Cape Engaño Lighthouse

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Cape Engaño Lighthouse
Cape Engano Angle.JPG
Cape Engaño Lighthouse is located in Philippines
Cape Engaño Lighthouse
LocationPalaui Island
Santa Ana
Coordinates18°34′47.51″N 122°8′15.68″E / 18.5798639°N 122.1376889°E / 18.5798639; 122.1376889Coordinates: 18°34′47.51″N 122°8′15.68″E / 18.5798639°N 122.1376889°E / 18.5798639; 122.1376889
Year first constructed1892
Tower shapeOctagonal tower with balcony and lantern removed, in the middle of an enclosed court
Markings / patternLight gray tower
Tower height14.5 metres (48 ft)
Focal height100 metres (330 ft)
Original lensfirst-order catadioptric lens
Current lensn/a
Light sourceSolar power
Range27 nautical miles (50 km; 31 mi)
CharacteristicFl W 5s.[1]
Fog signalnone
Admiralty numberF2732
NGA number14020
ARLHS numberPHI-013[2][3]
HeritageImportant Cultural Property Edit this on Wikidata

Cape Engaño Lighthouse, also known as Faro de Cabo Engaño, (Filipino: Parola ng Cape Engaño) is a historic lighthouse located at the Palaui Island in the town of Santa Ana, the province of Cagayan, Philippines. Located at the northernmost part of Luzon Island and situated atop the summit of a hill, 92 meters above sea level, the lighthouse provides a 360-degree view of Babuyan Island and the Dos Hermanas Island (Two Sisters) on the North, Pacific Ocean on the West and Engaño cove on the East.

Cape Engaño Lighthouse is now under the supervision of the Department of Transportation and Communications through the Philippine Coast Guards' lighthouse division.[4]


The lighthouse in 1903

Faro de Cabo Engaño is one of the four lighthouses built during the Spanish Colonial period, which served as gateway lighthouse for incoming ships. The construction started on 21 September 1888 and finished on 31 December 1892, wherein most of the labourers are Filipinos.

The Jamorabon family[edit]

The Cape Engaño Lighthouse was for generations the home of the Jamorabons. They also worked as lighthouse keepers, notably Gregorio Jamorabon, the longest-servicing keeper. The complex used to shelter seven crew members tasked to maintain the lighthouse. At that time, according to Teresa Jamorabon, late wife of Gregorio Jamorabon, the lighthouse was the only place where residents enjoyed electricity.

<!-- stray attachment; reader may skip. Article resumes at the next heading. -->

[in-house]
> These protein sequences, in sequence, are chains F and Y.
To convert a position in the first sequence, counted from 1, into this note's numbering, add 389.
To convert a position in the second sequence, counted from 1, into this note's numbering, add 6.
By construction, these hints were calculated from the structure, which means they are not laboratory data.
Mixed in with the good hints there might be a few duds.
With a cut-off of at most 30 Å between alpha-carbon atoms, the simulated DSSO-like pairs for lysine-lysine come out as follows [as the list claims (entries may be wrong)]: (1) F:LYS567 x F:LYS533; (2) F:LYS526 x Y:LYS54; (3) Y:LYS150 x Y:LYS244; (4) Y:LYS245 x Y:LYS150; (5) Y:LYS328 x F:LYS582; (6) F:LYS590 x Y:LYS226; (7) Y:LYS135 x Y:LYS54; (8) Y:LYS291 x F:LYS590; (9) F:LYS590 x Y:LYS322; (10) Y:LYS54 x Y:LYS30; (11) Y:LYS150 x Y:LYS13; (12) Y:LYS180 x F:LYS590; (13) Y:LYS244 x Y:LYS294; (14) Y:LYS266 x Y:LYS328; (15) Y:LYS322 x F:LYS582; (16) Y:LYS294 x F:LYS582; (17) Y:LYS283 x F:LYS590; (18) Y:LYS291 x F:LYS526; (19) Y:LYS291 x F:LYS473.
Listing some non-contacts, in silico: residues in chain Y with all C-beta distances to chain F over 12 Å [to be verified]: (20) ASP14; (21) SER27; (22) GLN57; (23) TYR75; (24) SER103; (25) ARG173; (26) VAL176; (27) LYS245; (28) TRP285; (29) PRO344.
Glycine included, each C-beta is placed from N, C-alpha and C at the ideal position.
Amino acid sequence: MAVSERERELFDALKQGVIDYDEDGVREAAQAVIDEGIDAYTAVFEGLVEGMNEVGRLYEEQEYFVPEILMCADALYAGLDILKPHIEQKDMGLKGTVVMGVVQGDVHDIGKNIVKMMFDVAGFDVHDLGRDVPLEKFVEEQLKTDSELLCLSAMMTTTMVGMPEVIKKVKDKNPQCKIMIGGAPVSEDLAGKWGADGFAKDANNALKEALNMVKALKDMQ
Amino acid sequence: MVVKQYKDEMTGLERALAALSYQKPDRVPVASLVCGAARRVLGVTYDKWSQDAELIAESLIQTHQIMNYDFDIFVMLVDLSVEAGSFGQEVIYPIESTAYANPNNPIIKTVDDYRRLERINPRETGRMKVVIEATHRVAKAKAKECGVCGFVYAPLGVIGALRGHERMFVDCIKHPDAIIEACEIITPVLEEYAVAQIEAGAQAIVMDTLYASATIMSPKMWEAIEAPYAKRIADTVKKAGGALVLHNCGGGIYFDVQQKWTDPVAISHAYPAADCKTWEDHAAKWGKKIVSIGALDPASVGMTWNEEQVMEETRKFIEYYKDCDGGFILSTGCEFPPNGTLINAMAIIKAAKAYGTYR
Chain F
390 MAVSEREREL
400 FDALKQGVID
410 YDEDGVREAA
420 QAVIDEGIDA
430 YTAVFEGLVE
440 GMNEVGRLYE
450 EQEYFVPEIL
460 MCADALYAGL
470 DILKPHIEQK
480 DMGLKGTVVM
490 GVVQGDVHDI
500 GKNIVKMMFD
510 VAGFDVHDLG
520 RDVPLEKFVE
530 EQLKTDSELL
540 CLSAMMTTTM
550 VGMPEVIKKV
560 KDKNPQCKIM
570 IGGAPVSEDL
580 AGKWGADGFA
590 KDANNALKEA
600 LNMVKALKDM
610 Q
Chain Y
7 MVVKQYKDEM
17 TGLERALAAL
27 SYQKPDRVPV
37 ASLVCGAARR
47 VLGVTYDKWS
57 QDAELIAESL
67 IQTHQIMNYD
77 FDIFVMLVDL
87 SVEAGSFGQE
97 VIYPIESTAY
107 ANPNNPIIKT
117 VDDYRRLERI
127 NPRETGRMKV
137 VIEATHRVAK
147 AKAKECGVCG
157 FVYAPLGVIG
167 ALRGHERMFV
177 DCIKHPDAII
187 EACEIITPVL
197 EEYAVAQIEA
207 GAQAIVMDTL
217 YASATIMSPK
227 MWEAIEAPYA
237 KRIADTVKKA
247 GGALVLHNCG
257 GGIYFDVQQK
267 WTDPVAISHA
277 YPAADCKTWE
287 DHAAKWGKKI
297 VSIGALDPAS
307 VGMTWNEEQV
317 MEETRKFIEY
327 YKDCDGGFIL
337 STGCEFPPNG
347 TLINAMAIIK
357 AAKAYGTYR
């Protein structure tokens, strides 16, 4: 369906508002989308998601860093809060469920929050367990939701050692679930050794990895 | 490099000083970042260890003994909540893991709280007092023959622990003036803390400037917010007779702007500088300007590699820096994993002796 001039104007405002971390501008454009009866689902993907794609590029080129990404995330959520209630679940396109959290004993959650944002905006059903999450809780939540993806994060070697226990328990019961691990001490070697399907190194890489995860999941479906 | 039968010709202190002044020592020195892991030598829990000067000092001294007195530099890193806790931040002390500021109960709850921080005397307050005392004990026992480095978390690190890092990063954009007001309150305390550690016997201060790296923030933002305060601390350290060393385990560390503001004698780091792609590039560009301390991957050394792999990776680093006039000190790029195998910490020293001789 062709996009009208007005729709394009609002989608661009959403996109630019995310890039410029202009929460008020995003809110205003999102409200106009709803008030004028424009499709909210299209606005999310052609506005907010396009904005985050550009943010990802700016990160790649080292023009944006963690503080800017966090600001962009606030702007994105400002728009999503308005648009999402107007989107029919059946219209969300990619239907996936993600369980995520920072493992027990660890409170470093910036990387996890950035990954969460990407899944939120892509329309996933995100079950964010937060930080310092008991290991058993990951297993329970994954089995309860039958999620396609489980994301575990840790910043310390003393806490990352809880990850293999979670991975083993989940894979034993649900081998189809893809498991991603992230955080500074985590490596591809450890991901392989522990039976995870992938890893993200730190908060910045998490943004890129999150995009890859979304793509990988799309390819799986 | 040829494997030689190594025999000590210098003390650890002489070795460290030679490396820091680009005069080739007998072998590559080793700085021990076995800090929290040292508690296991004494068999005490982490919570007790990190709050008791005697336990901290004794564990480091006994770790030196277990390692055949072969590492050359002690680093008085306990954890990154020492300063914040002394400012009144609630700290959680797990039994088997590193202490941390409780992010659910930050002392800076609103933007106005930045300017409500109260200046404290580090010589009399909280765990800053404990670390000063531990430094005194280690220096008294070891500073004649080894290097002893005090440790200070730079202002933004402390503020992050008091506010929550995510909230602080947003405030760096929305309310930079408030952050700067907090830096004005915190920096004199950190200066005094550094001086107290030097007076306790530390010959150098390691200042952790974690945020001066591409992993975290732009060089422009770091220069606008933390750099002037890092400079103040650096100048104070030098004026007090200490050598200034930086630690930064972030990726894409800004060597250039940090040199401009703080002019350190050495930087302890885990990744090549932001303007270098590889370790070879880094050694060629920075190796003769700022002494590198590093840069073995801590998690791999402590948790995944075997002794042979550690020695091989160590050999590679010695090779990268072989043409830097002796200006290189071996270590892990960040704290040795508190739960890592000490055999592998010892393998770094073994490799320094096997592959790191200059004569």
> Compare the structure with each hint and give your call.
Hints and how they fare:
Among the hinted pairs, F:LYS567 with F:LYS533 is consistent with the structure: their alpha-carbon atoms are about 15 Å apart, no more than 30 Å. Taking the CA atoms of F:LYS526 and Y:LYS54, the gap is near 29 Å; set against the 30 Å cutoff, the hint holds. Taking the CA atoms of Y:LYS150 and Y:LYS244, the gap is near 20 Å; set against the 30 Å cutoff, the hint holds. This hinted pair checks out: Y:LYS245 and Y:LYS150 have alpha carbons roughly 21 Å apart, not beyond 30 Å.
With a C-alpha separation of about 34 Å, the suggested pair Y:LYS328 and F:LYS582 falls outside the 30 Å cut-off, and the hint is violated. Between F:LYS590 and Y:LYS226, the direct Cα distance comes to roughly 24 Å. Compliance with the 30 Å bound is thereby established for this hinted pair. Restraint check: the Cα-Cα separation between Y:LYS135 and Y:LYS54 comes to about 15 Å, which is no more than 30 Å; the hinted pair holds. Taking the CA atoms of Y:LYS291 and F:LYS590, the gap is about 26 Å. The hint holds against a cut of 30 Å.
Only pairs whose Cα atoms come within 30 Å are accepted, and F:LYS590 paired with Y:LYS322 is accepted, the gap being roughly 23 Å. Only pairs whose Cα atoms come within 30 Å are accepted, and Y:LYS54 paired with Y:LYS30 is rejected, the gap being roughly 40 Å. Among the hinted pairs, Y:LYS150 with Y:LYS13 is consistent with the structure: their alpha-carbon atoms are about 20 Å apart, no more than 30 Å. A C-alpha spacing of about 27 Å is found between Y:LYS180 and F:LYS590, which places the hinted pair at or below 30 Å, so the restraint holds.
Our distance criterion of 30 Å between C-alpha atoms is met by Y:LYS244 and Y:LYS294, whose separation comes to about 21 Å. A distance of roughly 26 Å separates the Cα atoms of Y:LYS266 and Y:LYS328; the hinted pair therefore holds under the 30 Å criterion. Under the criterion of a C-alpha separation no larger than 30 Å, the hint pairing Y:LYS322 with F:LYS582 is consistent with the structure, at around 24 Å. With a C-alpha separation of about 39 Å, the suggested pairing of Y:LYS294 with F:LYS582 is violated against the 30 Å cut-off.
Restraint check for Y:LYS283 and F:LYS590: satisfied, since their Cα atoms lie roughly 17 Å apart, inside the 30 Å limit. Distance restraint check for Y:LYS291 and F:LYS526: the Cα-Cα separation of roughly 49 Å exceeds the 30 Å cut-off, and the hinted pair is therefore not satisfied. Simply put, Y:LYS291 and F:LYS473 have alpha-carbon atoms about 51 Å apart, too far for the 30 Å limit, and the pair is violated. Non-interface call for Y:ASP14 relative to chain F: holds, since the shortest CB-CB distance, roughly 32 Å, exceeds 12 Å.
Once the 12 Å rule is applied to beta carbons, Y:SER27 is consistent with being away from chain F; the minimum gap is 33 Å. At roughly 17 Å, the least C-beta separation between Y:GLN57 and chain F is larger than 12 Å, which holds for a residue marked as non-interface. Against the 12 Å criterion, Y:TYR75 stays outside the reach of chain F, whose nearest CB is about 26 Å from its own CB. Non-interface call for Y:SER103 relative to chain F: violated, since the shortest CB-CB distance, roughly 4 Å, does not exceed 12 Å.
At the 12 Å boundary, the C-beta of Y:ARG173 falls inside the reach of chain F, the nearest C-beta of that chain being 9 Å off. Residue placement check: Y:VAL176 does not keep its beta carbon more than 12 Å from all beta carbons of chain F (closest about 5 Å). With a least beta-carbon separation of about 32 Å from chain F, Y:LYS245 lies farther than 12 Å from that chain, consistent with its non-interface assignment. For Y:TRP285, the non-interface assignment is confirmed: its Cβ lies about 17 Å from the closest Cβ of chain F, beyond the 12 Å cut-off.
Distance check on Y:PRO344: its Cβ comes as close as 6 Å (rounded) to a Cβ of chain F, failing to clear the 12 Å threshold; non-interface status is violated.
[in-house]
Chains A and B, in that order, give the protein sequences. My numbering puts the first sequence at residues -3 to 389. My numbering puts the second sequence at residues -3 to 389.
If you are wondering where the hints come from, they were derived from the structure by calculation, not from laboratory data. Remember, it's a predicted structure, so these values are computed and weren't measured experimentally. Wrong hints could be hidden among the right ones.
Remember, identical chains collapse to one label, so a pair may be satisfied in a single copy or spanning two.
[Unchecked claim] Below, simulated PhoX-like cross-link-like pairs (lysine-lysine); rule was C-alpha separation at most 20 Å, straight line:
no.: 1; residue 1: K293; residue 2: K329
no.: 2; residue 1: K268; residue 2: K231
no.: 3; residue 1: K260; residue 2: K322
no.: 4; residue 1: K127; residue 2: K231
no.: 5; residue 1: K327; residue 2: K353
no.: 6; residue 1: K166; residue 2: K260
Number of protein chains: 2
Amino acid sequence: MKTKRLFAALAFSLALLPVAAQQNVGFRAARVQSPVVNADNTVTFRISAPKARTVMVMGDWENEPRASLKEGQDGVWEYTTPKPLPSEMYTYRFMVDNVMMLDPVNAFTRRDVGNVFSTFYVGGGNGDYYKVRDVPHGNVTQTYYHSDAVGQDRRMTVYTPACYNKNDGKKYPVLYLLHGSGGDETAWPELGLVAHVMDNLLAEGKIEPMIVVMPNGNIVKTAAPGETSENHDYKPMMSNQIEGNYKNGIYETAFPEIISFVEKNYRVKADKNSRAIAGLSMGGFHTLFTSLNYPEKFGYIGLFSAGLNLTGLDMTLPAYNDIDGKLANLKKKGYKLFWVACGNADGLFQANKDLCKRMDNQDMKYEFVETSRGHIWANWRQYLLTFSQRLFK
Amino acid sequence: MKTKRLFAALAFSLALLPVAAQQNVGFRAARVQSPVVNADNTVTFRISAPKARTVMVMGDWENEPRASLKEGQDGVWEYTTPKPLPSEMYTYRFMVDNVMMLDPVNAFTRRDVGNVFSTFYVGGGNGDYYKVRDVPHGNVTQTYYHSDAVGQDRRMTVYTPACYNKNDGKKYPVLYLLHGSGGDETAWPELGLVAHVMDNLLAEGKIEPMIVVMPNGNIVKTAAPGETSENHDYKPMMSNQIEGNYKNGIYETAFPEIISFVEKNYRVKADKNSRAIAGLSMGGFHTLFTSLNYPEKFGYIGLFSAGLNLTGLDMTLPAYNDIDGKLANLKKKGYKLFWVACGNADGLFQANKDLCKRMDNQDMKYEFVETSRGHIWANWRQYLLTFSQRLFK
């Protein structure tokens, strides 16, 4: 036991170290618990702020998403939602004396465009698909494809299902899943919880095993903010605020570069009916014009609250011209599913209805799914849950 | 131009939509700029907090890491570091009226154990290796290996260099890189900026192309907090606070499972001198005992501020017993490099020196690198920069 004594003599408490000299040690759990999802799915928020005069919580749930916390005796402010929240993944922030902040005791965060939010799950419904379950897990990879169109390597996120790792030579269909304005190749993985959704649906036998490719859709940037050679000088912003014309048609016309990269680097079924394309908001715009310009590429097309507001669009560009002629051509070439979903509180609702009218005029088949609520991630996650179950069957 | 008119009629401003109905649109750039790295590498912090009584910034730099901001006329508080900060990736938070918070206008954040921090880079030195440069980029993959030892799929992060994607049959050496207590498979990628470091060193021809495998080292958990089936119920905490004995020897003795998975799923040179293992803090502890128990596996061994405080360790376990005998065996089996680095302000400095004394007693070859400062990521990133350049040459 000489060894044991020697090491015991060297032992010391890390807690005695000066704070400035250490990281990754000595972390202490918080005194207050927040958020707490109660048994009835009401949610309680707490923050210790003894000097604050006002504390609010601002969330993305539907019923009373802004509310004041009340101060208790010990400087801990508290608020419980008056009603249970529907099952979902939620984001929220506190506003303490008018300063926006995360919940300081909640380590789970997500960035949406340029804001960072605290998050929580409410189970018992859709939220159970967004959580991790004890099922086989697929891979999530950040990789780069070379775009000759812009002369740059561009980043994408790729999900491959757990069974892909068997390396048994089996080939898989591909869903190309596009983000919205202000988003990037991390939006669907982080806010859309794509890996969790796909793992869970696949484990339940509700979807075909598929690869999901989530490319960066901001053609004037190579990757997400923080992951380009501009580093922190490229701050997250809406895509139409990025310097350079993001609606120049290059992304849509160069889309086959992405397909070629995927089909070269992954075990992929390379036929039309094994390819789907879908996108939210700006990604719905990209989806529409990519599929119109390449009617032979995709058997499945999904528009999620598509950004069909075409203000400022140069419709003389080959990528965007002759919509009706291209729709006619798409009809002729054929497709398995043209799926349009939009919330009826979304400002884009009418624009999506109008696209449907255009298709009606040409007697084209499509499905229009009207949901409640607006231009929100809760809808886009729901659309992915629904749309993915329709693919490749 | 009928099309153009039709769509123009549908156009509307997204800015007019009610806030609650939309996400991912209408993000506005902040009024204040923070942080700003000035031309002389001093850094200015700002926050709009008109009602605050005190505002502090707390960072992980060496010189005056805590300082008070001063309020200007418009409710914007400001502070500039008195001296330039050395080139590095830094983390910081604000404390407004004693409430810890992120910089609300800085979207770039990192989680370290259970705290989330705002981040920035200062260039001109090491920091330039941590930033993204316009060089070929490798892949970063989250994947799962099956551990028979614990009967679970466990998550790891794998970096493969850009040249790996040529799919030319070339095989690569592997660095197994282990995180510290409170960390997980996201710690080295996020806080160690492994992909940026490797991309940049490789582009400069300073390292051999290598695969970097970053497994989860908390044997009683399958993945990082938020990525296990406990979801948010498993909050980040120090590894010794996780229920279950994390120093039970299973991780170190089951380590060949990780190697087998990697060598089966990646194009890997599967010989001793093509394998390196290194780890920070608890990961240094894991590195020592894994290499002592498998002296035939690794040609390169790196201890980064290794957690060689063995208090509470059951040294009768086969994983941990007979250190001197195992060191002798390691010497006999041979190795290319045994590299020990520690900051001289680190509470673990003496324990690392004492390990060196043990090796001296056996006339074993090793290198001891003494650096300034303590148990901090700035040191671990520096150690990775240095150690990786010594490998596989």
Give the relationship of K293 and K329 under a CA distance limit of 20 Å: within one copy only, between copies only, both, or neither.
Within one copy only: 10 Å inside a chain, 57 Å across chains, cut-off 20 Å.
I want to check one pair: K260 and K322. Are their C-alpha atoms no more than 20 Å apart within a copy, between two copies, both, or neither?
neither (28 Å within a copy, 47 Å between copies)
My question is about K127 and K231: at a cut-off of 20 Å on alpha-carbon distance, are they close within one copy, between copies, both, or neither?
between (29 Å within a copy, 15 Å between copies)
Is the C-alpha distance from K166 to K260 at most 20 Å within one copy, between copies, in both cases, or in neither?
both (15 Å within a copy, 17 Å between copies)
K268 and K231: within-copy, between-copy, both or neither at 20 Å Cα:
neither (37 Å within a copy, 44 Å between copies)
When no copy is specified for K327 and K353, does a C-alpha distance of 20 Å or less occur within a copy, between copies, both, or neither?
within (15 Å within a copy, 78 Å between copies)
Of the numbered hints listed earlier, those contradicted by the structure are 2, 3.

Teresa Jamorabon described how well the government took care of the lighthouse keepers and the station. Their rations of rice, beans, noodles, cooking oil and kerosene arrived every month and were shared equally among the workers, regardless of rank.

According to the Jamorabons, the name of the lighthouse was given by Spaniard seafarers when they first set foot on the cape and were so stunned by its natural beauty that they named it "Engaño".[5]


It was initially designed by Engineer Magin Pers y Pers, who also designed Cape Bojeador and Capones Island, and further design was by Guillermo Brockman.

The lighthouse complex is composed of the housing pavilion that served as an office and workers quarter, the service buildings, that served as kitchen and storage, and the 11-meter octagonal tower that houses the crown and the copper lantern (but was now a solar-based lighting mechanism) that is visible in all angles of the lighthouse. This was all built using local materials, masonry and hardwood.[6]

See also[edit]


  1. ^ Coast Guard District North Eastern Luzon
  2. ^ "Cabo Engaño/Cagayan Light". Amateur Radio Lighthouse Society. Retrieved on 2010-06-27.
  3. ^ Lighthouses of the Northern Philippines The Lighthouse Directory. University of North Carolina at Chapel Hill. Retrieved March 12, 2016
  4. ^ "Faro de Cabo Engaño". ICOMOS. Retrieved 2 May 2014.
  5. ^ "Faro de Cabo Engaño". ICOMOS. Retrieved 2 May 2014.
  6. ^ "Faro de Cabo Engano". Filipino Heritage Festivals. Retrieved 2 May 2014.

Further reading[edit]

External links[edit]